Tanned young people. Vespas. Cliques of old women. Tobacco shops. Old men playing cards. Stepping into Camogli is less like going back in time, and more like tasting the future of travel: living like a local.
But before you fall in love with the Italian Riviera’s neglected middle-child (Camogli has approximately 260,000 Instagram hashtags to its name, while its cousin Portofino has over 853,000); allow us to provide a little context.
While everyone knows about Portofino and Cinque Terre (to the point where travellers are now learning local slang with the specific intention of scoring a date), and even as tourists plunder beyond Rome and Venice seeking out hotspots like Polignano a Mare there are still a few covetous coves where you can say ciao to the crowds.
View this post on Instagram
Enter: Camogli: a classy Mediterranean locale, which – apart from one recent incident where a pair of French guests attempted to blackmail a luxury hotel – has remained a sanctuary along the Italian Riviera, all the way up and through Facebook, Pinterest and Tumblr’s heydays.
As The New York Times’ Sebastian Modak recounts hearing in Camogli, “Portofino is for the Americans. Camogli is for us Italians.”
While Instagram (which is currently, if Bloomberg figures are correct, blowing up harder than 79A.D. Vesuvius) is making a habit of drawing backpackers further and further afield and even as Camogli is featured in The New York Times’ 52 Places to go in 2019 list, it somehow remains a locals-only gem.
View this post on Instagram
In the words of @sebmodak: “I will never forget the first time I saw Camogli from the sea. The tall, narrow buildings, each a different pastel shade, were stacked improbably up the steep hillside. The electric blue of the Ligurian Sea was counterpoint to the reds, yellows and oranges of the seaside buildings.” In his latest #52Places dispatch, Sebastian explores Italy’s Golfo Paradiso. Read more by clicking our bio link. Photo by @sebmodak. #🇮🇹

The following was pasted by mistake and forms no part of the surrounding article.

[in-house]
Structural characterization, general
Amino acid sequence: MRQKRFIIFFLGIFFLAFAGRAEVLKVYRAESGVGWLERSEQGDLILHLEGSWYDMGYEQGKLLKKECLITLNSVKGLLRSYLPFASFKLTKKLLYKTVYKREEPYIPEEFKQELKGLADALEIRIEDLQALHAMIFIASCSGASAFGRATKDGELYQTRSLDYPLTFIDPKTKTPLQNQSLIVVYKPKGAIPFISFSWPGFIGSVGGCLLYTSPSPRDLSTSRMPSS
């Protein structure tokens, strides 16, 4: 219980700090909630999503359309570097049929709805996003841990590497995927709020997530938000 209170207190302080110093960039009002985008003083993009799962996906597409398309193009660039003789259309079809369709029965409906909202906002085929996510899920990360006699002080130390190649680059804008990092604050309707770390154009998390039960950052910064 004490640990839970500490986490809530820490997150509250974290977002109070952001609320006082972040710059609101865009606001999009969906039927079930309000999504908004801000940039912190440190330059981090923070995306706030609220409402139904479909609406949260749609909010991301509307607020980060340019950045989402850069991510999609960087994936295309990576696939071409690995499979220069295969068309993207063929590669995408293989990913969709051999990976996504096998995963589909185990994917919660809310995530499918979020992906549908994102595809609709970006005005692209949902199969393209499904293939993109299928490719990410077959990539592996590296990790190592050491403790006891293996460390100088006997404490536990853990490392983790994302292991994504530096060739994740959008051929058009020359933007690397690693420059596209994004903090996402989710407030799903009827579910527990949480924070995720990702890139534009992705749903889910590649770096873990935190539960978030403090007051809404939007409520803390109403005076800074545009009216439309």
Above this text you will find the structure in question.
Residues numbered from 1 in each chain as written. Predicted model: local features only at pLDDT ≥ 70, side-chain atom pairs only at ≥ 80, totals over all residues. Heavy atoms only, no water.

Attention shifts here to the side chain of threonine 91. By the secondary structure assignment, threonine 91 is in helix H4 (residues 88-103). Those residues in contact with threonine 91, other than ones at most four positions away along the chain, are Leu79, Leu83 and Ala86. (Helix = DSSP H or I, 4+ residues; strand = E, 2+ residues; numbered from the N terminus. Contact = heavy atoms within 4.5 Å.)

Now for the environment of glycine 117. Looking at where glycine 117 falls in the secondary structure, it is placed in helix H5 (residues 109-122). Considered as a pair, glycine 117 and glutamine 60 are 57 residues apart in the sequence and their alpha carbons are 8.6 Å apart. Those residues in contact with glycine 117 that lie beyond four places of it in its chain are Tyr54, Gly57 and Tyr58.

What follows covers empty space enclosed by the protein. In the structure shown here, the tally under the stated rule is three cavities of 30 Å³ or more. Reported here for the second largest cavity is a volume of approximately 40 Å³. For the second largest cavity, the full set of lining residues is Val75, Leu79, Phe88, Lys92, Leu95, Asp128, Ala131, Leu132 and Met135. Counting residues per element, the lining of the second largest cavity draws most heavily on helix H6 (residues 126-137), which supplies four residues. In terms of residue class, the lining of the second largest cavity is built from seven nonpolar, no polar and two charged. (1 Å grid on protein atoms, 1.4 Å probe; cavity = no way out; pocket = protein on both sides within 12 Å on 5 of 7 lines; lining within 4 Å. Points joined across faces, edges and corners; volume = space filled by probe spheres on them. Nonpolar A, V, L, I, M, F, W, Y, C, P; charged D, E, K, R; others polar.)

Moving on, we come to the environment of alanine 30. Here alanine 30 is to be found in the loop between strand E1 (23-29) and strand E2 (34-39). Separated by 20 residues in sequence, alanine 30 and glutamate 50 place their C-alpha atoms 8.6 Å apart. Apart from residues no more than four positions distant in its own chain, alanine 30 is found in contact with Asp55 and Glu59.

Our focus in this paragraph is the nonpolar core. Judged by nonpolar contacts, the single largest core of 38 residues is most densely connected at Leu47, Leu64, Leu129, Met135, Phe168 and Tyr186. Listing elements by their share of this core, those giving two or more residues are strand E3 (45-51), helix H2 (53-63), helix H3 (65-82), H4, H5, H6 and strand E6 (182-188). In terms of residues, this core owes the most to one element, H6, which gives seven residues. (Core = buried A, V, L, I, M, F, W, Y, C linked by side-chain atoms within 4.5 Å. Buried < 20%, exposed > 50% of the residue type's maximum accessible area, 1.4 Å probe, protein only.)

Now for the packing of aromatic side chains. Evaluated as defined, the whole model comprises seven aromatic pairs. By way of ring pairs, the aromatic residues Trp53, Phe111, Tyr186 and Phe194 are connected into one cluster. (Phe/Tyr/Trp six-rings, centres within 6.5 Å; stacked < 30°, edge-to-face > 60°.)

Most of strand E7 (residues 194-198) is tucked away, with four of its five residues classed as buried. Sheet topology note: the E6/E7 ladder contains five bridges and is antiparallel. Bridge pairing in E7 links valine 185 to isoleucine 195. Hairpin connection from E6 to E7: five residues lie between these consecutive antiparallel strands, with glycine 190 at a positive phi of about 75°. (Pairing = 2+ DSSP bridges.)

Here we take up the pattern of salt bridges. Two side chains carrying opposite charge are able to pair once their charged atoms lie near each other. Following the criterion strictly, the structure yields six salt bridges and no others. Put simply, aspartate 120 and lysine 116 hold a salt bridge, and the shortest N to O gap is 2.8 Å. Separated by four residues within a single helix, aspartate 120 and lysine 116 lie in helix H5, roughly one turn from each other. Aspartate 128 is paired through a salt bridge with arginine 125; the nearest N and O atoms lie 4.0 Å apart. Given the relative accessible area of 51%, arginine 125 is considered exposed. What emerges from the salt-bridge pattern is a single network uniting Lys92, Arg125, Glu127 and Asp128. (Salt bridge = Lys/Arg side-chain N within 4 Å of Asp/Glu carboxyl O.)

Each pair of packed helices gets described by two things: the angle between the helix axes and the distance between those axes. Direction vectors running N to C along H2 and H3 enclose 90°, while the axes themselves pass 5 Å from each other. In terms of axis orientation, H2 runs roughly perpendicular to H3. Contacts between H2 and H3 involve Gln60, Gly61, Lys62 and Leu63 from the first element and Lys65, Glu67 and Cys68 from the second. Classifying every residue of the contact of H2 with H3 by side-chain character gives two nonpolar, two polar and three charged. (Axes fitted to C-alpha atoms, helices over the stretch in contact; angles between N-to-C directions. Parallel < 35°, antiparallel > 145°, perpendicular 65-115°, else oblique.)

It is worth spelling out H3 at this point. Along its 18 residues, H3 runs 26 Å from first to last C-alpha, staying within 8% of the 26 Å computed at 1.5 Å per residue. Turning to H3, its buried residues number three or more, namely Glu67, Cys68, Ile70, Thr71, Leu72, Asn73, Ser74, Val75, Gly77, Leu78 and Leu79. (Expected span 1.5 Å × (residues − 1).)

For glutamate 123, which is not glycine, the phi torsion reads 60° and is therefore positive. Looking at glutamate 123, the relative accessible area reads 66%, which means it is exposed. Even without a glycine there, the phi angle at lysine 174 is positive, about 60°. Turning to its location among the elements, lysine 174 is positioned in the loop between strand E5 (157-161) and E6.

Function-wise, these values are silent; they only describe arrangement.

Why? Camogli, which sits aboard the Golfo Paradiso, is not as iconic, which means it is, “Often overshadowed by its hugely popular neighbours [Portofino and the cruise ports of the Cinque Terre],” (The New York Times).
The New York Times also posits that Golfo Paradiso is a “try-hard moniker that [makes this stretch of coast sound] like an all-inclusive resort rather than a string of centuries-old fishing towns” which deters Instagram culture posers from visiting.
“Over six days hopping between its five towns, I only heard one American accent. The tourists I did encounter were largely Italian families from Genoa and Milan, hitting the rocky beaches for some summer sun.”
But much like the $24 pizza and red wine down your local Italian joint, we reckon sometimes simple is better (who want croutons, anyway.) Capische? It might be time to start practising your Italiano. Anyway, if that sounds like you, here’s the D’Marge guide to Camogli.
- Villa Porticciolo: if you like classy vibes, seafood and views that will unrig your jaw.
- Gli Angeli: much like Villa Porticciolo, but slightly cheaper.
- Pasta Fresca Fiorella: for buenissimo pasta takeout dishes and great value prices.
- Belmond Hotel Splendido: for high rollers willing to spend a grand a night.
- Excelsior Palace Hotel: for the family looking for an above-average hotel.
- I Tre Merli Locanda: for couples looking for Instagram worthy views, privacy and an intimate Camogli experience.
- Take a trip to San Fruttuoso
- Rent a kayak
- Rent a boat
- Walk to San Rocco
- Sailing and windsurfing